COUNCILLOR Mike Houlihan is calling for funding to be provided for a footpath which would enable residents of County Limerick residential facility to go about their business in an independent fashion.
The Kilmallock-based county councillor said the circumstances are “exceptional” and called on Limerick County Council to “assist these residents in any way we can”.
From April 1 next, St Michael’s Residence, St Joseph’s Foundation in Ballyagran, will change from a respite centre to a residential facility providing full-time accommodation for six individuals.
The facility is run by St Joseph’s Foundation which aims to, where possible, encourage and facilitate residents to link with their local community for “social and recreational purposes”.
“Their interaction will involve going to the GAA pitch to a match, going to the shop for their messages – their bottle of milk and a sliced pan, going to Mass on a Saturday evening or Sunday morning which ever,” Cllr Houlihan explained at a Kilmallock local area meeting.
“Ballyagran has three public houses and there is often a night of cards and quizzes. In the interest of safety, for these people to make their way into the village, you do need a footpath and a couple of lights. I think it is our duty to provide something for these people,” he continued.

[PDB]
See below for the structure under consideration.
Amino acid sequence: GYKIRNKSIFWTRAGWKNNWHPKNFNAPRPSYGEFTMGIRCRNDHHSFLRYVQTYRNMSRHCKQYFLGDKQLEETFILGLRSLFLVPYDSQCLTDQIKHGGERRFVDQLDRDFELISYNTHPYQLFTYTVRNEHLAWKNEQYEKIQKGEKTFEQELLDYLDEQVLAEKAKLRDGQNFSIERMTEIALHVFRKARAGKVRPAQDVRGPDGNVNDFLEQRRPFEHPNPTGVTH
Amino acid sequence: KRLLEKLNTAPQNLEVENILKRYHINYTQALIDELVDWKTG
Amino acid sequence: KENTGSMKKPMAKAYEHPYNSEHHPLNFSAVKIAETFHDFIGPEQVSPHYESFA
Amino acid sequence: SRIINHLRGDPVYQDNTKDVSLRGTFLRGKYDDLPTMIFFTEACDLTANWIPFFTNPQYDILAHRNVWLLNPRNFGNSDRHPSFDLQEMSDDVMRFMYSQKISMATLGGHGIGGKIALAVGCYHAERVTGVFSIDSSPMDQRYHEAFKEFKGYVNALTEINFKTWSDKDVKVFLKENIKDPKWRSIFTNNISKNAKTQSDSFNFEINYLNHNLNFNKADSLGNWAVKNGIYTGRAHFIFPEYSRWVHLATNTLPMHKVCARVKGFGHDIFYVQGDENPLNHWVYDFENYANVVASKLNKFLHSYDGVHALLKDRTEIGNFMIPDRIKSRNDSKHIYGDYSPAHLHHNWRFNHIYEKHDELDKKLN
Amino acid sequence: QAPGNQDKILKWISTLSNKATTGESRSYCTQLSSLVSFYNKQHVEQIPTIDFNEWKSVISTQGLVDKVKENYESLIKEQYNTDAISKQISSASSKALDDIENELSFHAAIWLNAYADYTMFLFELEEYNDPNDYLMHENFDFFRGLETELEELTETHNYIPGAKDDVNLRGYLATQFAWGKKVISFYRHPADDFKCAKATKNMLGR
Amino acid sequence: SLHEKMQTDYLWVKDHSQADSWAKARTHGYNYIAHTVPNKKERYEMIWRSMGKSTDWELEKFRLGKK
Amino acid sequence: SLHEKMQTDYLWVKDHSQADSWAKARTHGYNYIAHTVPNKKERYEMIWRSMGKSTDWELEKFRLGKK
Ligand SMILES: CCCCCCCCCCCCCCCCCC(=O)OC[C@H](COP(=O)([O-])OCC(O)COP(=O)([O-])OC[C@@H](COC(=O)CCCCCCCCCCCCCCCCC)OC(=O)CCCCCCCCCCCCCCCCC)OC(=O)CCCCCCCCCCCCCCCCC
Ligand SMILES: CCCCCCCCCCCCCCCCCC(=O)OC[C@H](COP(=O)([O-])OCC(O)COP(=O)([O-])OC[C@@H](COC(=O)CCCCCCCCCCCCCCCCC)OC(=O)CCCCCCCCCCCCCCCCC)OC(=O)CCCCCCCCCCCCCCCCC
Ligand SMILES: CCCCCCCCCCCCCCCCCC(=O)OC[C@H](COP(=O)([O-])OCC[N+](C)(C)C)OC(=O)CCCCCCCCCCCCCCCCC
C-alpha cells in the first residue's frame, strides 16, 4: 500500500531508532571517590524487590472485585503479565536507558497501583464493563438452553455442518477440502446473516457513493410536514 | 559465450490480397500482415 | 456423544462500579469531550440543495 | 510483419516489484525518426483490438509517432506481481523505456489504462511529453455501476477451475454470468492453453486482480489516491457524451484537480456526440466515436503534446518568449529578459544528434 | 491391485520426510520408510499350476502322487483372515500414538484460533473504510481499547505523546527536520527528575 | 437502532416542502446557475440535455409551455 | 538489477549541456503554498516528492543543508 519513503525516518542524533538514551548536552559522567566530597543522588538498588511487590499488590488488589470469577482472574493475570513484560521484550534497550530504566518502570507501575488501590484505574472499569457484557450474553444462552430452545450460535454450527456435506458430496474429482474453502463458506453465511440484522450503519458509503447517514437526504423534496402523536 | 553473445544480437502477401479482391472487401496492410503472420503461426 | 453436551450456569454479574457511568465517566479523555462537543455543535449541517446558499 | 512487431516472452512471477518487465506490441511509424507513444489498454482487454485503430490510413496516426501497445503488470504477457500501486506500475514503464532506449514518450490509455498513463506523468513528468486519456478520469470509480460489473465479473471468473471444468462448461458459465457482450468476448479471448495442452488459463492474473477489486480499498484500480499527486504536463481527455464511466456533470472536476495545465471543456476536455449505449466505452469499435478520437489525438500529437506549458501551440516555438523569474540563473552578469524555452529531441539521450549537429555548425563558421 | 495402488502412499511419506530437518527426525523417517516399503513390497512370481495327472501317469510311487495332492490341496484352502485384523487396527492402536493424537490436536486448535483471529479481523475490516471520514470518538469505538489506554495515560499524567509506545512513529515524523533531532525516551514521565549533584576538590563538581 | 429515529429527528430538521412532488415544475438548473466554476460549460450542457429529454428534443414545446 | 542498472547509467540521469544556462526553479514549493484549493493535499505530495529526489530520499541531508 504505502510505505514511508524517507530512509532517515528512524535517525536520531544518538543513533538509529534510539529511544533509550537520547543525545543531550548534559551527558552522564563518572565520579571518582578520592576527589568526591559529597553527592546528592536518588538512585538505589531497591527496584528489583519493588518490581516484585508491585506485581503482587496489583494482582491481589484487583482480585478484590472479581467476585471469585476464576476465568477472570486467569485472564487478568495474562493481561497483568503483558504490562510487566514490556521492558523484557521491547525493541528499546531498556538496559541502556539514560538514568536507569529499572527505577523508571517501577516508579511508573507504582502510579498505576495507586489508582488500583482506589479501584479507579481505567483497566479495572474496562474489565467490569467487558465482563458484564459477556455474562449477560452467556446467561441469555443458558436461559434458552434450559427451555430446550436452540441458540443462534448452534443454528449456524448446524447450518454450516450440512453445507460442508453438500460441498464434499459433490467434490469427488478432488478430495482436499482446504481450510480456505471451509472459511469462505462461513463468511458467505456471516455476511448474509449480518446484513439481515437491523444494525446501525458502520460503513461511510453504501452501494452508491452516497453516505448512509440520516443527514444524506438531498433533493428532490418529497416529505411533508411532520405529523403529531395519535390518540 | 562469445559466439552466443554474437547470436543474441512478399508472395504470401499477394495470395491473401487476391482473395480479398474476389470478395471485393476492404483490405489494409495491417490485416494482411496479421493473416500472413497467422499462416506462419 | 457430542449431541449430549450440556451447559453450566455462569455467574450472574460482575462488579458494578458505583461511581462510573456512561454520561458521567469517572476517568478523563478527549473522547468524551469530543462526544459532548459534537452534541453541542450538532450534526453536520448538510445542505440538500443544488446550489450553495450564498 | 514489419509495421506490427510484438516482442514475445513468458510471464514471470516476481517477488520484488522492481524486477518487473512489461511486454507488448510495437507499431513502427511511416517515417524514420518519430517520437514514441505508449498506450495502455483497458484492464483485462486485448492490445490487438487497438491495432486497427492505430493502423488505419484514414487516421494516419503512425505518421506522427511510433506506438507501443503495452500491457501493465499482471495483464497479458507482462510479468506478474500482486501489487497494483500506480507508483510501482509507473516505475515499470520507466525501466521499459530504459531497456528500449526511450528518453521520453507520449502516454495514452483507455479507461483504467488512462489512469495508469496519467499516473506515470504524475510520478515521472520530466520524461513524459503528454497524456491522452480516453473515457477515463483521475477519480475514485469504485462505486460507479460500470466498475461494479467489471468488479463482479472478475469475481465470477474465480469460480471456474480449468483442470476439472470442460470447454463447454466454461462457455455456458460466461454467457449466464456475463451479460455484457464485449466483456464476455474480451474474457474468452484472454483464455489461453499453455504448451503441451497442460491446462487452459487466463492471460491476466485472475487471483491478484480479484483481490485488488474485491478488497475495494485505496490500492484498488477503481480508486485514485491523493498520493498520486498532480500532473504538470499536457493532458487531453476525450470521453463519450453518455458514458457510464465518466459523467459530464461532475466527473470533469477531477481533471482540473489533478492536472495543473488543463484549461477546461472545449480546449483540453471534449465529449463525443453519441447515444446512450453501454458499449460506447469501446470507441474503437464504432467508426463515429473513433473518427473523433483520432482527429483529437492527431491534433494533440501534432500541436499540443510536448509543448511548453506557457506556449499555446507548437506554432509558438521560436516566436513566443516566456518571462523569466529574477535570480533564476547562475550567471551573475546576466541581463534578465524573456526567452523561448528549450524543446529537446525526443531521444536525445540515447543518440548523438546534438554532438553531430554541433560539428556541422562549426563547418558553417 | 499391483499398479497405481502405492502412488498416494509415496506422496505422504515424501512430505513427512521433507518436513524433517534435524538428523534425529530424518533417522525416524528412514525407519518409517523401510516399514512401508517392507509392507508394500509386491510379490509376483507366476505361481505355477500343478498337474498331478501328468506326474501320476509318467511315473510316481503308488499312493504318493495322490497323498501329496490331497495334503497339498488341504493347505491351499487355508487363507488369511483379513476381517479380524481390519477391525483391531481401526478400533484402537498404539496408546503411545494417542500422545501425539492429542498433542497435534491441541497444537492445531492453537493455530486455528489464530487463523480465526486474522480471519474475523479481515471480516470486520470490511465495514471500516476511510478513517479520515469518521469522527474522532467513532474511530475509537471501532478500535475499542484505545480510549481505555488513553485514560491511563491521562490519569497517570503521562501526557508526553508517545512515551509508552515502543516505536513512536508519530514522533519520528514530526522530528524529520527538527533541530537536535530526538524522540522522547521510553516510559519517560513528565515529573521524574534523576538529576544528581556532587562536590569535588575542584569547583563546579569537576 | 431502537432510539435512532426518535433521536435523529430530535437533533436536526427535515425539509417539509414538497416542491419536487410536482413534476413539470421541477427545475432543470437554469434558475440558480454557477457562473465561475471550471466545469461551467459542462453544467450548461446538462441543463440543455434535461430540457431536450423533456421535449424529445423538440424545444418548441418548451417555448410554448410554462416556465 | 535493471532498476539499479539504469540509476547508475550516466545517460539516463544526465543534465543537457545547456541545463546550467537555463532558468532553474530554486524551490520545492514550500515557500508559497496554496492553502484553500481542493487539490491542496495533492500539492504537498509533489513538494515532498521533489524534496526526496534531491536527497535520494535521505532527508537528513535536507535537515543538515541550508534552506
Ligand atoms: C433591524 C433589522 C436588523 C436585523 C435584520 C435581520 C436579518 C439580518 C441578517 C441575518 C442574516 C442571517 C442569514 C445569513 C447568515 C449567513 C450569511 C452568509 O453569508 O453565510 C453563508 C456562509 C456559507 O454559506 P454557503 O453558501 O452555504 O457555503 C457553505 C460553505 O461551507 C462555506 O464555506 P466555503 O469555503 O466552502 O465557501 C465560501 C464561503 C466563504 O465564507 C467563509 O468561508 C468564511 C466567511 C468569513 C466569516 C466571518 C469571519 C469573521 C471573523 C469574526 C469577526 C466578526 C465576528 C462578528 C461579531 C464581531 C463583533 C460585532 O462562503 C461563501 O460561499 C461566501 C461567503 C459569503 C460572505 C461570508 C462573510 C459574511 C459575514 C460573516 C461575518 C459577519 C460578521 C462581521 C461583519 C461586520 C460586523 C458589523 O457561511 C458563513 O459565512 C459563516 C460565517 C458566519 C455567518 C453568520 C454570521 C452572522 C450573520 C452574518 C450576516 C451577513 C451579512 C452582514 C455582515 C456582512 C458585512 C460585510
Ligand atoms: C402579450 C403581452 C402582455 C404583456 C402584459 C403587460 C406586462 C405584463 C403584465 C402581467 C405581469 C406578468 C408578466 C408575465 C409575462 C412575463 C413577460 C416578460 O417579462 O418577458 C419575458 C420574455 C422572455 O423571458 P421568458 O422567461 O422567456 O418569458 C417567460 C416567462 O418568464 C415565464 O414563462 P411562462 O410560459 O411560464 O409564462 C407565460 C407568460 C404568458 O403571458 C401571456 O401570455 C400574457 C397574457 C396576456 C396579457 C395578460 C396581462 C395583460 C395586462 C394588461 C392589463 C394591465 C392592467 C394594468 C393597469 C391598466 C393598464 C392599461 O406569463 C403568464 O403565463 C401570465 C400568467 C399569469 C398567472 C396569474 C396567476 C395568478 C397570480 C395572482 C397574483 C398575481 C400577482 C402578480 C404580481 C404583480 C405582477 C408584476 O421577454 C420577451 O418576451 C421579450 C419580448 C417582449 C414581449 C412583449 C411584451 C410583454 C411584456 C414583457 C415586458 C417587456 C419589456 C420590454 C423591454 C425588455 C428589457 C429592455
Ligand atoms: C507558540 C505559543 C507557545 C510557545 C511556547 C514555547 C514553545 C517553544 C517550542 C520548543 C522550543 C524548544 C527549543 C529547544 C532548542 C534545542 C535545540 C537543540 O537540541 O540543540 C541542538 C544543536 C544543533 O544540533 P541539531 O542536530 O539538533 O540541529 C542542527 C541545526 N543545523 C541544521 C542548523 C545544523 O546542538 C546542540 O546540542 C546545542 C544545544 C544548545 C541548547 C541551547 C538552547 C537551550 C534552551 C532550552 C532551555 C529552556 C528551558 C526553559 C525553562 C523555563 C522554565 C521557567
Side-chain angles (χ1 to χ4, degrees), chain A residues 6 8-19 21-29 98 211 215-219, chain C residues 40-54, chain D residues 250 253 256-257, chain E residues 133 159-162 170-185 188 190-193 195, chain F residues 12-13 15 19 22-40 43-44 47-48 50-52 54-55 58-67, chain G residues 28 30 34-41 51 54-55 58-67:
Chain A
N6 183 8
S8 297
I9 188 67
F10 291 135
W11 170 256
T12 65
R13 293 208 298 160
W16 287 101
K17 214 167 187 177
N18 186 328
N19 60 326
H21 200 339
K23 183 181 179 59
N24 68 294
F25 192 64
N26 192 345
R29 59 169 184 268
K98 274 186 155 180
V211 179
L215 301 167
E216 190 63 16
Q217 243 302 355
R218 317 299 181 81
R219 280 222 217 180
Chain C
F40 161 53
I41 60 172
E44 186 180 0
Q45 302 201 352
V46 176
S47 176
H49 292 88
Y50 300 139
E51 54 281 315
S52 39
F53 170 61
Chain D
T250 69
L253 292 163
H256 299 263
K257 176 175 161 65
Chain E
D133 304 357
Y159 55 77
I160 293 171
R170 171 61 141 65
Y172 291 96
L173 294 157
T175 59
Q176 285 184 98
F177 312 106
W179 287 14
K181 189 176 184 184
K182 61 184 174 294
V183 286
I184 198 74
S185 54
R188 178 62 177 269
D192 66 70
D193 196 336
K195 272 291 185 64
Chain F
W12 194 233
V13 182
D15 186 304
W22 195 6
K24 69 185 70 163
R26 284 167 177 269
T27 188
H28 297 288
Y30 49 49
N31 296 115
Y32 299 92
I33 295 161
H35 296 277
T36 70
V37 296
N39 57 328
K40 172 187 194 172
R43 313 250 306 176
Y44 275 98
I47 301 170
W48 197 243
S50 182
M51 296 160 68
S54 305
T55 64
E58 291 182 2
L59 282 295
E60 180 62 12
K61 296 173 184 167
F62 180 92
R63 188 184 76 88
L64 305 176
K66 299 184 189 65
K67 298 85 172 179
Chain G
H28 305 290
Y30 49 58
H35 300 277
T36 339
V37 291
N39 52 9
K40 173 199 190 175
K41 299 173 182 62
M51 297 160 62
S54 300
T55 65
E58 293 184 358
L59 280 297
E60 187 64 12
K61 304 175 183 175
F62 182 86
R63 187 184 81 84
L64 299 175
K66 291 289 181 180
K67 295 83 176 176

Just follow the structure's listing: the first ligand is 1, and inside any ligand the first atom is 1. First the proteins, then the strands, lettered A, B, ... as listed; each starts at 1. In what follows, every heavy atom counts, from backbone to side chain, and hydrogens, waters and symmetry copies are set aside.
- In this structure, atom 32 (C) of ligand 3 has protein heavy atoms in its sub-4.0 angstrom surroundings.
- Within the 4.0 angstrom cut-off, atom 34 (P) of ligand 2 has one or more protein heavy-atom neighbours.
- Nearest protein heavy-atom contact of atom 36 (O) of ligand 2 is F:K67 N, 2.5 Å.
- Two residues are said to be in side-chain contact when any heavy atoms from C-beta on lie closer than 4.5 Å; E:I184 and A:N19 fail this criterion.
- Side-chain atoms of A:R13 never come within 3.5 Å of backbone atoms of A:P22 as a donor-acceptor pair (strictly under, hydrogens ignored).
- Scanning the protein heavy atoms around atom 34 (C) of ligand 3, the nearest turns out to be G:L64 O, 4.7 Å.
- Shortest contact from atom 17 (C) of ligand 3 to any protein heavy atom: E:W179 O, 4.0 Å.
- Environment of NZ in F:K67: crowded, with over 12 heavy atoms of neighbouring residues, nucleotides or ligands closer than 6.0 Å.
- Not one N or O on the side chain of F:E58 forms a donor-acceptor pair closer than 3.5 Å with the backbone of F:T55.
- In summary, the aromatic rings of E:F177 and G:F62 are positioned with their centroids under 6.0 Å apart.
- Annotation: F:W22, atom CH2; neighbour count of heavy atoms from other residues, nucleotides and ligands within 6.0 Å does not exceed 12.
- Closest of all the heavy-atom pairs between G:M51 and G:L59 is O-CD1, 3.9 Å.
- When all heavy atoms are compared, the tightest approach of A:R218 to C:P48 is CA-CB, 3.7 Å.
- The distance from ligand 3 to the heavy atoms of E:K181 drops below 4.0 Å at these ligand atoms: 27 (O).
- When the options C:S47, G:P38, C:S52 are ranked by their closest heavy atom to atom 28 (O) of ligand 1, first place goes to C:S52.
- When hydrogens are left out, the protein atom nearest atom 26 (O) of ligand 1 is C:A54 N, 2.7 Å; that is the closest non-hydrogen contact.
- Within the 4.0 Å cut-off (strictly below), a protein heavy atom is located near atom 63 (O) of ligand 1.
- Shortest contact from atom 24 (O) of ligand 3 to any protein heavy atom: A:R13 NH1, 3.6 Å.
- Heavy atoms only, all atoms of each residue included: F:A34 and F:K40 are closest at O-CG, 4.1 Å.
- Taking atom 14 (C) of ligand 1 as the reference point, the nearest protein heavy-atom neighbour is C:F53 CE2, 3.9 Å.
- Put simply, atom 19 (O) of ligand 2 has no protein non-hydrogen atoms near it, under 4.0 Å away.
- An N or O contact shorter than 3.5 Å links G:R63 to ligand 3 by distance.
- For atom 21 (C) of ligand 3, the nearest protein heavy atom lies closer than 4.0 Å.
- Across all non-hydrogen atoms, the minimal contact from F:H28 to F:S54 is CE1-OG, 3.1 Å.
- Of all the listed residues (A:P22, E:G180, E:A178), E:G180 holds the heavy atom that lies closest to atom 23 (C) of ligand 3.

St Joseph’s Foundation - which has its headquarters in Charleville - provides services for people with disabilities and their families in the North Cork and South West Limerick catchment area.
The facility in Ballyagran is currently being used to provide respite care with 70 individuals availing of the service.
From April 1, the facility will be used as a full-time residential centre for six individuals with the respite service being transferred to a facility in Dromina, County Cork.
“That centre is going to be a six bedroom independent use facility, catering for six people with carers involved. They will be living in it 24 hours a day so it will effectively become their home to interact with the community,” Cllr Houlihan continued.
While he said he fully understood the restraints on funding as result of the current economic climate, Cllr Houlihan noted “I think you are looking at an exceptional case”.
Cllr Mike Donegan supported Cllr Houlihan’s endeavour and said there was an onus on the councillors to get the works costed to be in a position to apply for funding.
“We will try to assist them in any way we can,” he said.
Senior executive engineer, Gerry O’Connor, said that the area had been examined and noted the footpath that would be required would measure 400 metres.
The estimated cost, he said, excluding lighting would be €72,000.
Cllr Houlihan said it wasn’t “a shocking amount of money”.
“I actually thought it was going to be more. It is probably a once-off,” he said.